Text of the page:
British versus American


Unlike most Britons (male and female) that I know, I am unreserved about enjoying a British series called Made In Chelsea (MiC). I debriefed the series in a previous post here, which you can read up on here. Liking the series (and Britons who also like it, but are embarrassed to admit it in British public) may say a great deal about me as a person, and the people I attract. Let’s face it, black-identified Americans have called me “bourgie” since I was a child. It’s pretty hilarious to think about the cultural connection, too, as Anglophones typically view Francophone people as “refined” ( Ou Lah Lah! ) but “arrogant.” We all bathe in parfum and are serial epicureans. “If the shoe fits?”

Last year, MiC introduced an American named Stephanie “Steph” Pratt to their cast. She’s blond, blue-eyed, with teeth and skin whiter than a Philip’s 100w light bulb. And she speaks, at least on set, in the manner Brits typically expect Americans to communicate. You know, “oh my gawwd; realllyyyy?” All the exaggerated elongation of the ending of words, and just speaking outrageously and loudly. Yep, that is pretty much what Brits expect an American to sound like. And, Steph fits that bill. But at the time of her arrival on set, I thought: okay, in the second year (in 2012), they had a brown-skinned Parisian on set for a few weeks (dating Caggie, Spencer’s ex-girlfriend). So, this was their way to show not being bloody xenophobes. (Yes, I used “blood;” get over it. hehe)

But this year, the cast went to New York City, and a few more Americans were introduced to the staff. Then, I began to notice a pattern. For me, the British cast just looks like everyday Brits. The only difference is the stuffy accent they speak in, which is likely acting – I’ve rarely heard Brits speak this way, and I know more than a few wealthy Brits. So, there’s the accent. But, there’s also the obvious wardrobe, cars, housing, and what not. But, phenotypically, they’ve not-so-perfect teeth (not trying to play with stereotypes here!) and faces that wouldn’t make most people stop, stare, and ask for an autograph on the streets. They just look pretty typical.

Made In Chelsea British Cast

Made In Chelsea British Cast

But, when I saw the Americans added to the season in New York City, I could not help noticing that each expanded what Steph already brought to the table. Orthodontist-perfectly straight teeth. Cosmetically-treated everything, from teeth-whitening, to lots of makeup. And, of course the men were all gym rats with perfectly sculpted bodies. And there was the accent thing, too … the whole “valley girl” and “frat boy” accent. “Seriously?!” Of course they, like the cast on Beverly Hills 90210, were all white-identified or, at least, white-perceived. Because, ostensibly, there aren’t really wealthy tan, yellow, and brown people who live in Chelsea, London or on New York City’s Upper West Side.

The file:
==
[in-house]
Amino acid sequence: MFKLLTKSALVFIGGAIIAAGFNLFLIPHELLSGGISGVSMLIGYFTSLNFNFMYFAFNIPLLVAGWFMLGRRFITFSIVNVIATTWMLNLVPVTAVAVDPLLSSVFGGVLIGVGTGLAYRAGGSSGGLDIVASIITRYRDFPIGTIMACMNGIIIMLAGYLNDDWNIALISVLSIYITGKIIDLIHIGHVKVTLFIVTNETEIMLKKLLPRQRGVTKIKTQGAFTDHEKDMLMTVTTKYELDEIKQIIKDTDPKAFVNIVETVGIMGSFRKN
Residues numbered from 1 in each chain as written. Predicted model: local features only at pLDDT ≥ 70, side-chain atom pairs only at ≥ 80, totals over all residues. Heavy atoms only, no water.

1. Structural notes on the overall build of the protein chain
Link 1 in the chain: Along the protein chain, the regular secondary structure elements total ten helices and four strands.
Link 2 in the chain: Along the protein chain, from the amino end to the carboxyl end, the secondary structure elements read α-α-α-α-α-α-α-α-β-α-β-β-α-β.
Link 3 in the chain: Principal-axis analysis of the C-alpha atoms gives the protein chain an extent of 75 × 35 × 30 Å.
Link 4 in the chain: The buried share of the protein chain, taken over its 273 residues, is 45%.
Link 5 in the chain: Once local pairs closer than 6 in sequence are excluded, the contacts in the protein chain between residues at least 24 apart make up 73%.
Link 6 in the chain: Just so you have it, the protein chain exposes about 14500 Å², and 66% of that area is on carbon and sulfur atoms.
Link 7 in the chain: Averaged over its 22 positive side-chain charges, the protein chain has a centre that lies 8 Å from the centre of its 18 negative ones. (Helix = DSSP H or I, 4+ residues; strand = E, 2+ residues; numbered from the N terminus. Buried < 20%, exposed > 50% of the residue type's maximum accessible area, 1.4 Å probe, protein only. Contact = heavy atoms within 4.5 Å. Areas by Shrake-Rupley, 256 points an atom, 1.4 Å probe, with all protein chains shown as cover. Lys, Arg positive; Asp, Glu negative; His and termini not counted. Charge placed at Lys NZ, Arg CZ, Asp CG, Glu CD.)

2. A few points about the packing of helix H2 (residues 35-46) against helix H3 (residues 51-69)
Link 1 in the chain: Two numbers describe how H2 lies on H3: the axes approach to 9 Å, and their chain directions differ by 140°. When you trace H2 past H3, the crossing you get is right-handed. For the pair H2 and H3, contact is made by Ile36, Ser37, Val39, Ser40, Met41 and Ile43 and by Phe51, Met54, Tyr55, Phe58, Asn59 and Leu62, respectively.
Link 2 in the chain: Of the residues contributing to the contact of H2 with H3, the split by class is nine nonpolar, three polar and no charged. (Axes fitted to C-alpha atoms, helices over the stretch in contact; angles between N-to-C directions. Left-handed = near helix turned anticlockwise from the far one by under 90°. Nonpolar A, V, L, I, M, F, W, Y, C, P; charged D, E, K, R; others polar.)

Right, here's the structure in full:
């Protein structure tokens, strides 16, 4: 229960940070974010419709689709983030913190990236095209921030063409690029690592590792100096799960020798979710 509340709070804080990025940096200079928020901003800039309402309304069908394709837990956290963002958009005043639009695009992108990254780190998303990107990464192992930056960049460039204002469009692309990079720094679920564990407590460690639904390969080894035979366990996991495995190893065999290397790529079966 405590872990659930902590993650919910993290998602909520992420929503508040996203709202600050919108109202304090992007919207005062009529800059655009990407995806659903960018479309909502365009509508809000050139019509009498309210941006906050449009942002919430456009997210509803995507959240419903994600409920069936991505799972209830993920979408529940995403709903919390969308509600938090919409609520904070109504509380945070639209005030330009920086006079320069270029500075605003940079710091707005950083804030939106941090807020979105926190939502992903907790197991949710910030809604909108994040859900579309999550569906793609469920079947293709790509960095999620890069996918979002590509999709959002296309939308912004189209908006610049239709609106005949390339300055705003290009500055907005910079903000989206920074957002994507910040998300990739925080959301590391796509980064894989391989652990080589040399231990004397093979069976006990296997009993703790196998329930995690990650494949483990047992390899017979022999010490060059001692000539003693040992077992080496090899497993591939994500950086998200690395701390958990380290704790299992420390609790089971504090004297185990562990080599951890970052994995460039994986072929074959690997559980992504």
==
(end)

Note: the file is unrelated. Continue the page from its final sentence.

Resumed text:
Americans on the Made In Chelsea cast in New York City

Americans on the Made In Chelsea cast in New York City

I sent a text to my girl in Tehran, who studied at my University here and shared many of the same “things” as yours truly; including MiC. Anyway, I asked if she noticed something about the casts on the show, in particular the contrast between the Americans and the Brits on the show, and she immediately responded in the affirmative. It was not a mistake and I was not being “sensitive” (as some folks say when I observe certain things).

The message is quite clear … not even partially hidden. And it has everything to do with the big “fugly” word that makes Americans heave … class. You see, as far as I’ve observed, and even read, in the British worldview, the elite in society wish to deflect from being perceived as privileged. And, they do this by looking like everyday people, imperceptibly different from a stock room worker at Hollister. They tend to be less likely to have braces-perfect teeth. On the flip-side, wealthy Americans, at least in many people’s minds here, are not really hereditarily wealthy (i.e. descended from generations of elite) and tilt towards being nouveau riche. And we all know how the nouveau riche act; just look at the Trumps and Kardashians. Boisterous, tacky, too much everything. That peppers local beliefs that “American culture is new,” I think, too. What they mean is “white Anglo” culture is new in the US, because when I point out that there are older human remains in the Americas than in the British Isles, and dynasties in the Americas that far exceed any in Europe in terms of length of time said empires or kingdoms lasted, their eyes cross as if I completely missed the point.

Speaking softly yet clearly from England to “America”: simmer down and stop talking so damn loudly, it’s annoying and expected of you. In the meantime, I really envy you and wish, in a different life, I’d been born in Vegas, too.

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